What is Noonan Syndrome?

Noonan syndrome (NS) is a variably expressed, multisystem disorder with an estimated prevalence of 1 in 1,000 – 2,500 births. People with NS may experience bleeding issues, congenital heart defects including hypertrophic cardiomyopathy and/or pulmonary valve stenosis, lymphatic abnormalities, small stature/growth issues, feeding and gastrointestinal issues, failure to thrive, hypertelorism, learning disorders, autism, unexplained chronic pain, chiari malformation, hypotonia, ptosis, skeletal malformations, laryngomalacia, tracheomalacia, opthamology issues, orthopaedic issues, oncology issues and much, much more. Because of the variability in presentation and the need for multidisciplinary care, it is essential that the condition be identified and managed comprehensively.

History of Noonan Syndrome

In 1962, Jacqueline Noonan, a pediatric cardiologist, identified 9 patients whose faces were remarkably similar and who, in addition, had short stature, significant chest deformities, and pulmonary stenosis. In 1968, Dr Noonan published a case series with these 9, plus an additional 10 patients. The eponym “Noonan Syndrome” was adopted in recognition of Dr Noonan, because she was the first to indicate that this condition occurred in both genders, was associated with normal chromosomes, included congenital heart defects, and could be familial.

After being diagnosed, the process of gathering and sorting through information can be overwhelming. Let us help you!

General Information

What Do I Need To Know?

First Steps

This is your starting point for all the information you need to know! Below is a quick start guide to understanding NS as well a series of links to general information, journal articles, online support groups, guidelines on early intervention, feeding tubes, nursing care and more. Many of these are hosted on this site, but some may lead to external resources and medical journals.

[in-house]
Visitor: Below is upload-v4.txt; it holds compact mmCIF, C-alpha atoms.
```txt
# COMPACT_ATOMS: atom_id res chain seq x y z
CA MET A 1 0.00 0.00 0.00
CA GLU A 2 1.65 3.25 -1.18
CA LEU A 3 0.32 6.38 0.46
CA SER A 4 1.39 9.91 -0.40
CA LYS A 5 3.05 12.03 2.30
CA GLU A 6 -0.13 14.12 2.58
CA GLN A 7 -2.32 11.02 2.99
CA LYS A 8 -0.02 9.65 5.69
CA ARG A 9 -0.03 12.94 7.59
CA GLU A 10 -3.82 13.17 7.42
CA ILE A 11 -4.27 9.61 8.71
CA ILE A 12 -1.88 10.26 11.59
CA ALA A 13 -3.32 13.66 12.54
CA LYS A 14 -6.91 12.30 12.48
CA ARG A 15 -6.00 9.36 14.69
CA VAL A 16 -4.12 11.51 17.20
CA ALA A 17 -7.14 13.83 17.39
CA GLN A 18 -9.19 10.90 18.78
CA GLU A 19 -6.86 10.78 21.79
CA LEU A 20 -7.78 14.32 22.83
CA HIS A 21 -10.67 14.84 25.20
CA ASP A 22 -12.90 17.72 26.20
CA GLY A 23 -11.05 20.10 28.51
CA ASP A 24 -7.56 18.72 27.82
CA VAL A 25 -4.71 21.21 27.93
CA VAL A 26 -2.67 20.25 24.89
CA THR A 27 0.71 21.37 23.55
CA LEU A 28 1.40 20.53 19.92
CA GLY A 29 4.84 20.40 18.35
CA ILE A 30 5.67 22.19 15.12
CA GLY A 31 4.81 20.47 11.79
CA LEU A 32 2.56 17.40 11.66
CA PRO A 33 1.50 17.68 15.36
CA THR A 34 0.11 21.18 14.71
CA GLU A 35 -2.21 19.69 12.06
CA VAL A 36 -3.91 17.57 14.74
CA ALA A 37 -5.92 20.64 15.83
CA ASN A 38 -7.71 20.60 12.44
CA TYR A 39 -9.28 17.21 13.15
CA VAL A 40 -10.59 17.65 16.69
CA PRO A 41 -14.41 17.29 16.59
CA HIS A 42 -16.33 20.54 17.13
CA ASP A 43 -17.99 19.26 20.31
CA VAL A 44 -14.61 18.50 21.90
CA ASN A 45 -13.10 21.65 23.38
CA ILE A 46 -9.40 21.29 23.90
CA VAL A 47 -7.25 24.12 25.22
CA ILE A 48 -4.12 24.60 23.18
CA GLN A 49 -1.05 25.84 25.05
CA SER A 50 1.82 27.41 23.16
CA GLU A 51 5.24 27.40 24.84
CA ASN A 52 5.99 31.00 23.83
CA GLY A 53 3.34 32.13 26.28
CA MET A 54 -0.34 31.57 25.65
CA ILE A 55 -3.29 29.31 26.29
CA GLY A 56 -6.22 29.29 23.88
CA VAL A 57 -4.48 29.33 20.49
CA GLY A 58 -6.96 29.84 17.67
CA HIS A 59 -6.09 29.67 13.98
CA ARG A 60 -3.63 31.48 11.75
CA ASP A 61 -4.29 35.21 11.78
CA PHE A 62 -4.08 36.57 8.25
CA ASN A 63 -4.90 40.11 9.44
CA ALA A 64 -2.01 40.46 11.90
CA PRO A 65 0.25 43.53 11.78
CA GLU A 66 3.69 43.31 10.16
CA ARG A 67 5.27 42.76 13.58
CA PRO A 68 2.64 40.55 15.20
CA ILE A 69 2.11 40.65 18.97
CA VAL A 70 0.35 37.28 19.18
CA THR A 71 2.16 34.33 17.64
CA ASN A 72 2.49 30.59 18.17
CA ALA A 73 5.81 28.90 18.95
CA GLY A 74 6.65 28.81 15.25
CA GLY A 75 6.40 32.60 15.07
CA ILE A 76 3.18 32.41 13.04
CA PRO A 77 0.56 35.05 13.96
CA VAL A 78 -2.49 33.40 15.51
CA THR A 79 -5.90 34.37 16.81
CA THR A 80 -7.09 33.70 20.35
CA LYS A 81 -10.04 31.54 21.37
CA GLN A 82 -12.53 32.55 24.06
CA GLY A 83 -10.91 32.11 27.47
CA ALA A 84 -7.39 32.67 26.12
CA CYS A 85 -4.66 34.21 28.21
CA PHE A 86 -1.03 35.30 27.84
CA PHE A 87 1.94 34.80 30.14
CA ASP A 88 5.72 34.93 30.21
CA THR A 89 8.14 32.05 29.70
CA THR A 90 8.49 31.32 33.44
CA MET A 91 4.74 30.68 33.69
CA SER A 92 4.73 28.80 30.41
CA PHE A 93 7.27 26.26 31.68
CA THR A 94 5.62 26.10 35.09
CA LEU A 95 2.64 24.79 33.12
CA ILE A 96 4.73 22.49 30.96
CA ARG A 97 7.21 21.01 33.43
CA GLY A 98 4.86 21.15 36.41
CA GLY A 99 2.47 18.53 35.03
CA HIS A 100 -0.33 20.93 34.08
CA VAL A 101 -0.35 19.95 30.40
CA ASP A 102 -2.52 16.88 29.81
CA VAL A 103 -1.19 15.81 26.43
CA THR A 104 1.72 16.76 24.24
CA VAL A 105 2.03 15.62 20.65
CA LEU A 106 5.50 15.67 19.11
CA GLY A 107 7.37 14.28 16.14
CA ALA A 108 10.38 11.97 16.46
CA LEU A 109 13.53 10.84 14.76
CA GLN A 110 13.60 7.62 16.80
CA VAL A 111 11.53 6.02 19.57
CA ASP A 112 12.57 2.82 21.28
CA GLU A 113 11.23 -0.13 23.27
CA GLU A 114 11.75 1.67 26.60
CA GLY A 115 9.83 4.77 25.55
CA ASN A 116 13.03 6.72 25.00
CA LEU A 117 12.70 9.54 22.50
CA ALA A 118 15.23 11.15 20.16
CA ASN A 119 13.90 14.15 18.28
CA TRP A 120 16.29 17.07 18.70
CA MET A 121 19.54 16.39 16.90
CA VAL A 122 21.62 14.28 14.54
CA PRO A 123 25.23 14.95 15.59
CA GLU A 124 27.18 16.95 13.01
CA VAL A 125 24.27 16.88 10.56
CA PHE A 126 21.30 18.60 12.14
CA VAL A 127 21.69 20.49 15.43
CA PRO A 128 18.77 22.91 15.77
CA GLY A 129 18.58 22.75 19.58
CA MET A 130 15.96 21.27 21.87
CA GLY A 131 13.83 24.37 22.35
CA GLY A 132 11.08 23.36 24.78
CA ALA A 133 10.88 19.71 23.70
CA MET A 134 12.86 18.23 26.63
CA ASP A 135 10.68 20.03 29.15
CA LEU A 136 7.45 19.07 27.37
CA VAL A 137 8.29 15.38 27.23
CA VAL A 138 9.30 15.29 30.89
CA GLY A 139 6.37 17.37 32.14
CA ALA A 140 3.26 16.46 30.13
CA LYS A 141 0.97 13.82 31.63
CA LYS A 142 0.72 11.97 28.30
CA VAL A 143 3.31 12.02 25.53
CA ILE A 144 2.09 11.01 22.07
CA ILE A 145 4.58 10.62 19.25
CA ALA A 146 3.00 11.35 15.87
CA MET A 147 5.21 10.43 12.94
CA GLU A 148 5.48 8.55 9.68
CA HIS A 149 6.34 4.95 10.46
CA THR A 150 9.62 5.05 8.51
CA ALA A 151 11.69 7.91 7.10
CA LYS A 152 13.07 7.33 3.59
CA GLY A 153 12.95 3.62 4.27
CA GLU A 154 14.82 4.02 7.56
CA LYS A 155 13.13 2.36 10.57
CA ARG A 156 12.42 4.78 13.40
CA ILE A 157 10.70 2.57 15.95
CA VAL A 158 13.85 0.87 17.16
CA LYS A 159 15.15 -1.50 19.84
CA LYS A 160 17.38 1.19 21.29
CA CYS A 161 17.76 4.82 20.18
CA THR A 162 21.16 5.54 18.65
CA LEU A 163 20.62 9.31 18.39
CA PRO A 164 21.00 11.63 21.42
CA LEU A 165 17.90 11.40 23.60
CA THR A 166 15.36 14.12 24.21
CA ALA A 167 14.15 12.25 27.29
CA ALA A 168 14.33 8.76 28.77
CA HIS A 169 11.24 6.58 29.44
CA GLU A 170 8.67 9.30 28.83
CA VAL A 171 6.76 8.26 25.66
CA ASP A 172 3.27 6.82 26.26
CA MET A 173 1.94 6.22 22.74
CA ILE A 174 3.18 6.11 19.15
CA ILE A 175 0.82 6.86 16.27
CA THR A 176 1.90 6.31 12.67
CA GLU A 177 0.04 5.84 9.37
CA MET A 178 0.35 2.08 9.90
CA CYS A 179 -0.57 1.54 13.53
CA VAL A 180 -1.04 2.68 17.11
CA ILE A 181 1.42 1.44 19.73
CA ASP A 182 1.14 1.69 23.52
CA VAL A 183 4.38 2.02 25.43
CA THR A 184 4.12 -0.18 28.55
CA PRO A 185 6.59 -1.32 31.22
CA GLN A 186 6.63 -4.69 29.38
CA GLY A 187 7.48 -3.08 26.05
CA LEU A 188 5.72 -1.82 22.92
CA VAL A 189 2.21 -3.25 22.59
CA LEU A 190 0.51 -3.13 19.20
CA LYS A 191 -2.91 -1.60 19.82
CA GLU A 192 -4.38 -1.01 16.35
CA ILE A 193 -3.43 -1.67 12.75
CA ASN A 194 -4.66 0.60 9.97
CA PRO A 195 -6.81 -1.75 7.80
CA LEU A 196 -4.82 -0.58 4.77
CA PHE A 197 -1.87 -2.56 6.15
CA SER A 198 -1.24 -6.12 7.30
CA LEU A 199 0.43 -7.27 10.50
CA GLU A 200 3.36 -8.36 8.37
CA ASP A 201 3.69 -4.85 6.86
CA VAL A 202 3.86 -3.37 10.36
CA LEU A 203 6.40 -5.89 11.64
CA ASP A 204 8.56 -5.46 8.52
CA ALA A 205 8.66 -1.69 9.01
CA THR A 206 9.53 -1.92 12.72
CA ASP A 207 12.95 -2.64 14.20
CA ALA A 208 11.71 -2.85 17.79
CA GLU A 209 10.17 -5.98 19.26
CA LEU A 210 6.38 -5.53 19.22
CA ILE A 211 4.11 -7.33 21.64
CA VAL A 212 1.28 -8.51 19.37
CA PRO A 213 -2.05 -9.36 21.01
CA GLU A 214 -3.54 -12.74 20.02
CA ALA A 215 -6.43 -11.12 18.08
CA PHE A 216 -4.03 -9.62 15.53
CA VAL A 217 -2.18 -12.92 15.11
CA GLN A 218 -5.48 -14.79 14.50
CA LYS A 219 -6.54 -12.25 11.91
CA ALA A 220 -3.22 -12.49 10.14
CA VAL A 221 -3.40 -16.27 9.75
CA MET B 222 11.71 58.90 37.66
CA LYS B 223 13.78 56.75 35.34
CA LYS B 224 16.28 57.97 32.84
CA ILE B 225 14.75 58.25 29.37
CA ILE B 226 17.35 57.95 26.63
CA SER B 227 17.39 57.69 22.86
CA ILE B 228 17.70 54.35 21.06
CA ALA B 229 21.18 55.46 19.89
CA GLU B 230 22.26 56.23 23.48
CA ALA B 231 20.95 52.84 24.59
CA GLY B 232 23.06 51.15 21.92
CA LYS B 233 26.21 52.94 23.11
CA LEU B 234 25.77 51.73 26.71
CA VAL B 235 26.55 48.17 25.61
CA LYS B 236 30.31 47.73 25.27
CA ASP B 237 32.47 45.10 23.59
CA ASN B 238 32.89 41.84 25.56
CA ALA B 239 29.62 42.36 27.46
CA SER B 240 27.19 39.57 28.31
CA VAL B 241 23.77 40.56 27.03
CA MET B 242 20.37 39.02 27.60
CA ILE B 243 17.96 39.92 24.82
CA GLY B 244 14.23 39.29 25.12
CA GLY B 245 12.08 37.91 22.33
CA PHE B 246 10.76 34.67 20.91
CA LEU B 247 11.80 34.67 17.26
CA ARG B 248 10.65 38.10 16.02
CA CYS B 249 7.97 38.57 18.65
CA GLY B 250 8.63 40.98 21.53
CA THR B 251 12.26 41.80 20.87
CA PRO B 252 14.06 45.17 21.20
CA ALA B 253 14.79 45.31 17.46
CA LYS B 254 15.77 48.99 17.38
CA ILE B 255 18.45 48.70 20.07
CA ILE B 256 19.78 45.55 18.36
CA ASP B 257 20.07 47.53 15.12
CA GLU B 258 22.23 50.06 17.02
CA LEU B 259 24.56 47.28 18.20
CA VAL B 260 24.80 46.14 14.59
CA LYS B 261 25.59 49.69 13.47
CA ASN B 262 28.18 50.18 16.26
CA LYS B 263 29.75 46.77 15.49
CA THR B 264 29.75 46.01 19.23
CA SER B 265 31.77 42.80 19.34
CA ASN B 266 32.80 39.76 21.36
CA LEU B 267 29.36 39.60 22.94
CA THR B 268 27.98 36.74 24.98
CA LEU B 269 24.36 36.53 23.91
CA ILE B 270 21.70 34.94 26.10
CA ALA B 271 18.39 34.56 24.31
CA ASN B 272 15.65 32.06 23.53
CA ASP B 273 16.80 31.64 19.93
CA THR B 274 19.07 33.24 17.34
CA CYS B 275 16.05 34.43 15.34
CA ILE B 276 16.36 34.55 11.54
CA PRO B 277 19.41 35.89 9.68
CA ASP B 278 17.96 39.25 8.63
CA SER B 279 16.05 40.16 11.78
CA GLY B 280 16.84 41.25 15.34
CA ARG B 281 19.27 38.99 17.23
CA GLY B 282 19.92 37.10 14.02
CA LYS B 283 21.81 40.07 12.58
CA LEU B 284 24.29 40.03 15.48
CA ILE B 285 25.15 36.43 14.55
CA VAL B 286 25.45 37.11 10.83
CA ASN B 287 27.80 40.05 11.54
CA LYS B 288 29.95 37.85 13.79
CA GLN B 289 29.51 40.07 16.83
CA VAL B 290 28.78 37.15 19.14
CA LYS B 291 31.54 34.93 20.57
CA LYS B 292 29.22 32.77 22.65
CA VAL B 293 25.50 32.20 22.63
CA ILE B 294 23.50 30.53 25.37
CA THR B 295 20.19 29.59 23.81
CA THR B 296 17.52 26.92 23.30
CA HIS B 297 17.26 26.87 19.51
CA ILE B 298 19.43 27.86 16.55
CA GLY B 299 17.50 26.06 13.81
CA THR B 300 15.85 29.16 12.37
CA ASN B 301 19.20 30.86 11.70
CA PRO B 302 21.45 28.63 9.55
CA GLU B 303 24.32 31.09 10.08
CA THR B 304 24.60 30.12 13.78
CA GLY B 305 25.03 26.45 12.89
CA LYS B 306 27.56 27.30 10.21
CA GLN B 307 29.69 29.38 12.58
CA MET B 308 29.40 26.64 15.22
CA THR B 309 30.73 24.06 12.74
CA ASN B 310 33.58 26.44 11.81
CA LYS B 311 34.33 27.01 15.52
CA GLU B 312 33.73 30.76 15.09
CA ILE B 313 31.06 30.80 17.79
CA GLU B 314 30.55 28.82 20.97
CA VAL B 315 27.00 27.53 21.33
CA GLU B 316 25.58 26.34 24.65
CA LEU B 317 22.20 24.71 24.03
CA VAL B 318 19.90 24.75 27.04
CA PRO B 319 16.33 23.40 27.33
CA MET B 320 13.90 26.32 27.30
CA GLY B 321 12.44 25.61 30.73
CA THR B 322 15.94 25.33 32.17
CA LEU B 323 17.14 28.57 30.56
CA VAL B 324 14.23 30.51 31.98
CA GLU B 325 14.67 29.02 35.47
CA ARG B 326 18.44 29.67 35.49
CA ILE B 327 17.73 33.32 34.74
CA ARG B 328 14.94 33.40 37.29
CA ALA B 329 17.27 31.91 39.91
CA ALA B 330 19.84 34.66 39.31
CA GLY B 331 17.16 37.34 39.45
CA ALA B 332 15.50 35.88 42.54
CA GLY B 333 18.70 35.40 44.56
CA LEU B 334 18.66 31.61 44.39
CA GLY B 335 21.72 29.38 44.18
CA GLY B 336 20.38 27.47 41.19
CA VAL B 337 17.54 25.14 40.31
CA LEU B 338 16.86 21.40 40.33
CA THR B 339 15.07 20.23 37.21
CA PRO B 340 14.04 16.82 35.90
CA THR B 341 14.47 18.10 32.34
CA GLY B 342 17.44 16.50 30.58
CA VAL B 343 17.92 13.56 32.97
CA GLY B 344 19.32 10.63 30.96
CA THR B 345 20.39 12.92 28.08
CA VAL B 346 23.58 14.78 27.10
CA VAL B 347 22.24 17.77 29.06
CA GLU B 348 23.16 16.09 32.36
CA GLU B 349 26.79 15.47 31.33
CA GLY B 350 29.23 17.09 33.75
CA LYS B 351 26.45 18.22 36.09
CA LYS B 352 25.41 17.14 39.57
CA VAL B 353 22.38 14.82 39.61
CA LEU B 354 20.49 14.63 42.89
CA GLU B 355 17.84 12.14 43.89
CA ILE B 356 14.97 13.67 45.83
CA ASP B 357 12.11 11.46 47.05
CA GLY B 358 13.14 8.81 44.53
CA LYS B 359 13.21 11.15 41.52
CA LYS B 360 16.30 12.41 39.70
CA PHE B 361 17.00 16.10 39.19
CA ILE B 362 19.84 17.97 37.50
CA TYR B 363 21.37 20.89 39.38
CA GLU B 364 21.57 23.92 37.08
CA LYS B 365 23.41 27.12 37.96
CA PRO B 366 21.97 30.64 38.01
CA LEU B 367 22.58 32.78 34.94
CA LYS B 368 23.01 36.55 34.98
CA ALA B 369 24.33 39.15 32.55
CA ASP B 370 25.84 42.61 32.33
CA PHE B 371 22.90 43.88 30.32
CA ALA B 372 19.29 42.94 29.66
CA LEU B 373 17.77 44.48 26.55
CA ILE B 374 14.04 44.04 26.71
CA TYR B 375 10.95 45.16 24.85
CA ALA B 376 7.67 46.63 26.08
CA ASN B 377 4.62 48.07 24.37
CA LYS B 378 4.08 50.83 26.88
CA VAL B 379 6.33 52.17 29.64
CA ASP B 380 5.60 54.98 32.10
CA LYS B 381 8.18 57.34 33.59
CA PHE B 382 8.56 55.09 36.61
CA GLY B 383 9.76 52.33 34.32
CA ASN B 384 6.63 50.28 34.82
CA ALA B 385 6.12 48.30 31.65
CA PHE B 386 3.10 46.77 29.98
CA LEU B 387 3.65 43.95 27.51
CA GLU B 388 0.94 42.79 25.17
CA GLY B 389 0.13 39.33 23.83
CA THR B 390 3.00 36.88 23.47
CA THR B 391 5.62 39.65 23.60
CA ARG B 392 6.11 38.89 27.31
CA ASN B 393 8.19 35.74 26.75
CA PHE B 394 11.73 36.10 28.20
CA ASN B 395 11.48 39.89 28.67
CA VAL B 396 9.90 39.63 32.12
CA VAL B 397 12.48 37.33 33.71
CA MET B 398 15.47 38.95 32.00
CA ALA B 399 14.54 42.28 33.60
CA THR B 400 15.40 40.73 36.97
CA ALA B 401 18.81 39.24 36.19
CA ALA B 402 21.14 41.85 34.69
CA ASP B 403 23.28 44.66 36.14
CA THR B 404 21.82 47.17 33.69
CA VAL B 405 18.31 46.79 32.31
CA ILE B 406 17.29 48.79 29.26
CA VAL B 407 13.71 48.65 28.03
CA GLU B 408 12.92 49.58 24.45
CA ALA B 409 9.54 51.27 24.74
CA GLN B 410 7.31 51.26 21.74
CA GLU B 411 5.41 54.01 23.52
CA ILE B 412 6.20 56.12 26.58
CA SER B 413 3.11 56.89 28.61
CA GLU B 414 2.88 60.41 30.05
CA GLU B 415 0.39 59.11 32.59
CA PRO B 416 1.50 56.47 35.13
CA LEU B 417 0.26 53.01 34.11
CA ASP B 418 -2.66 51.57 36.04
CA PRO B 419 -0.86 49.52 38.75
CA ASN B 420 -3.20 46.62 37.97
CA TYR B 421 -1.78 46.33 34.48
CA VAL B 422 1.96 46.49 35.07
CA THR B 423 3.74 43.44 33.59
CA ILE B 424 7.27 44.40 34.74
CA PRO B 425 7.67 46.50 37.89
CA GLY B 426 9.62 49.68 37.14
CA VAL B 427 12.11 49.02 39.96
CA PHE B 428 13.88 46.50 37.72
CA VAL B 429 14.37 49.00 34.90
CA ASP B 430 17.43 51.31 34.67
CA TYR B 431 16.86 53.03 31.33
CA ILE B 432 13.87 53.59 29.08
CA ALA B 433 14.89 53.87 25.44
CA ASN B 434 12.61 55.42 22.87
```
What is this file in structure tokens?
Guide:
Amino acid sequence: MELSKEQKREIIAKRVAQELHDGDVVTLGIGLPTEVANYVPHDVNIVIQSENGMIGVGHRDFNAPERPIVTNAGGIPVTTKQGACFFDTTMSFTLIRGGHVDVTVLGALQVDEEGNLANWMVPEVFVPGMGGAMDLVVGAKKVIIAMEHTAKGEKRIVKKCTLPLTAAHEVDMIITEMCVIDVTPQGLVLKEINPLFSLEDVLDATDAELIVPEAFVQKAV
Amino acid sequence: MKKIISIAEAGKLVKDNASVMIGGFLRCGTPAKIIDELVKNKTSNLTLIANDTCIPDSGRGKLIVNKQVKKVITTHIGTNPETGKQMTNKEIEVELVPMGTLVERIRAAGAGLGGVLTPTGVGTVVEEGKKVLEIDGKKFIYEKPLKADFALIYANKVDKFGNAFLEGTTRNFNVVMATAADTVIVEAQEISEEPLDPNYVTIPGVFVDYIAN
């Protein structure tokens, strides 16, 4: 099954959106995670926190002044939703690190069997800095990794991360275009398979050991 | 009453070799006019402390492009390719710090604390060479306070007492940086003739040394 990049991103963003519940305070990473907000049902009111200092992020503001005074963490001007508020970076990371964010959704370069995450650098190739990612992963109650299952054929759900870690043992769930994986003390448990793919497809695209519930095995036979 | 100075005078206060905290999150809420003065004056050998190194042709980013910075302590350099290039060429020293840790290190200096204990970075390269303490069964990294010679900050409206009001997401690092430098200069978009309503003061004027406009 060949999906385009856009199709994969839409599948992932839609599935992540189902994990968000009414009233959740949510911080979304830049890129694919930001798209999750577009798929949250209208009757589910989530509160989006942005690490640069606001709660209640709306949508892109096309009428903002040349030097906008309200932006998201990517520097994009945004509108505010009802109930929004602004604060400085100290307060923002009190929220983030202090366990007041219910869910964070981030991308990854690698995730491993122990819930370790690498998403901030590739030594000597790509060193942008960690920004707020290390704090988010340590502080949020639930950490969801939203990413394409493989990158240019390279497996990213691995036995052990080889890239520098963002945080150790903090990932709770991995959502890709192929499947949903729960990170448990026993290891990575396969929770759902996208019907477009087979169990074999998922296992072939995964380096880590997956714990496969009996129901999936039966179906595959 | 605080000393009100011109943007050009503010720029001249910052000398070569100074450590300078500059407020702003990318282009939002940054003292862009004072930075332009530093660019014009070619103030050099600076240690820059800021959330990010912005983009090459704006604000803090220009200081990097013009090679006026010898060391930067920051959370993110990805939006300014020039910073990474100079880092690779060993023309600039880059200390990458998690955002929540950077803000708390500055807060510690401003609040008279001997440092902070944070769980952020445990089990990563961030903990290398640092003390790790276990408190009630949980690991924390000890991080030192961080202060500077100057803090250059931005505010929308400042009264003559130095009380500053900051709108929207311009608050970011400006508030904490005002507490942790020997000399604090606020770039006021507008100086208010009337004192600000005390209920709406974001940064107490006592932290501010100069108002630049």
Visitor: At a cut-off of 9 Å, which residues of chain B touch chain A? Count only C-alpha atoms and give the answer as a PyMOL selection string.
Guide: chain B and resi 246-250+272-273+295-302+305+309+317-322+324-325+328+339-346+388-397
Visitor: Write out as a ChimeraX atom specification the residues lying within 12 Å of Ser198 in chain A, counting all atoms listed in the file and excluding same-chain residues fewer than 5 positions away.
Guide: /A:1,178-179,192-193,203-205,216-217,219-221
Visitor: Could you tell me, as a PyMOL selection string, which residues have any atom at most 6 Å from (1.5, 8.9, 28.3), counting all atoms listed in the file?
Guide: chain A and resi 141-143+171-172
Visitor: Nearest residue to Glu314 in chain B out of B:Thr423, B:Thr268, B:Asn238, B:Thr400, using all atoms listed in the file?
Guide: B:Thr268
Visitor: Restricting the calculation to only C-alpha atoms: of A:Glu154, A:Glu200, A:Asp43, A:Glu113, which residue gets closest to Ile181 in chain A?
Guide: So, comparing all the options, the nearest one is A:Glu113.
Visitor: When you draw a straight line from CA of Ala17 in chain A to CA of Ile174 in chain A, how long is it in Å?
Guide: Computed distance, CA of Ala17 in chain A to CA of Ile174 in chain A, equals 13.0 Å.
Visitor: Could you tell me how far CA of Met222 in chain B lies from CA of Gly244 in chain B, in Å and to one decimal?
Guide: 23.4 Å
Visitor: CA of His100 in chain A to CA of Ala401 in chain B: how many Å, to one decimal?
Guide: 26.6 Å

Please Note

The Noonan Syndrome Foundation believes that it is important to note the following (all of which have been learned from experience):

  • Many individuals with Noonan Syndrome have bleeding issues and diathesis, so all people with NS should be tested for bleeding issues before having a surgery and/or procedure.

  • For people with NS and laryngomalacia or tracheomalacia, please be aware that many people with NS also have GERD (severe acid reflux - sometime silent). This is important because to fix these breathing issues a supraglottoplasty surgery may be necessary. This surgery can cause swelling in the airway. This swelling, on top of the swelling from the GERD, can cause life-threatening laryngo-spasm and/or cause an infants airway to close shut (even weeks after the surgery).

  • If you or someone you know is experiencing complications caused by NS, please feel free to contact us. We can connect you with other families who have children with similar symptoms and/or experiences.

Noonan Syndrome: Clinical Features, Diagnosis, and Management Guidelines

A comprehensive introduction to NS: this is a wonderful resource that helps parents learn about the secondary medical conditions that may arise and what treatments are available.​

http://pediatrics.aappublications.org/content/126/4/746.full.pdf+html

Clinical Management Guidelines (Noonan Syndrome)

This article is another great resource and includes NS specific Growth Charts for girls and boys.

https://kr.ihc.com/ext/Dcmnt?ncid=521096050&tfrm=default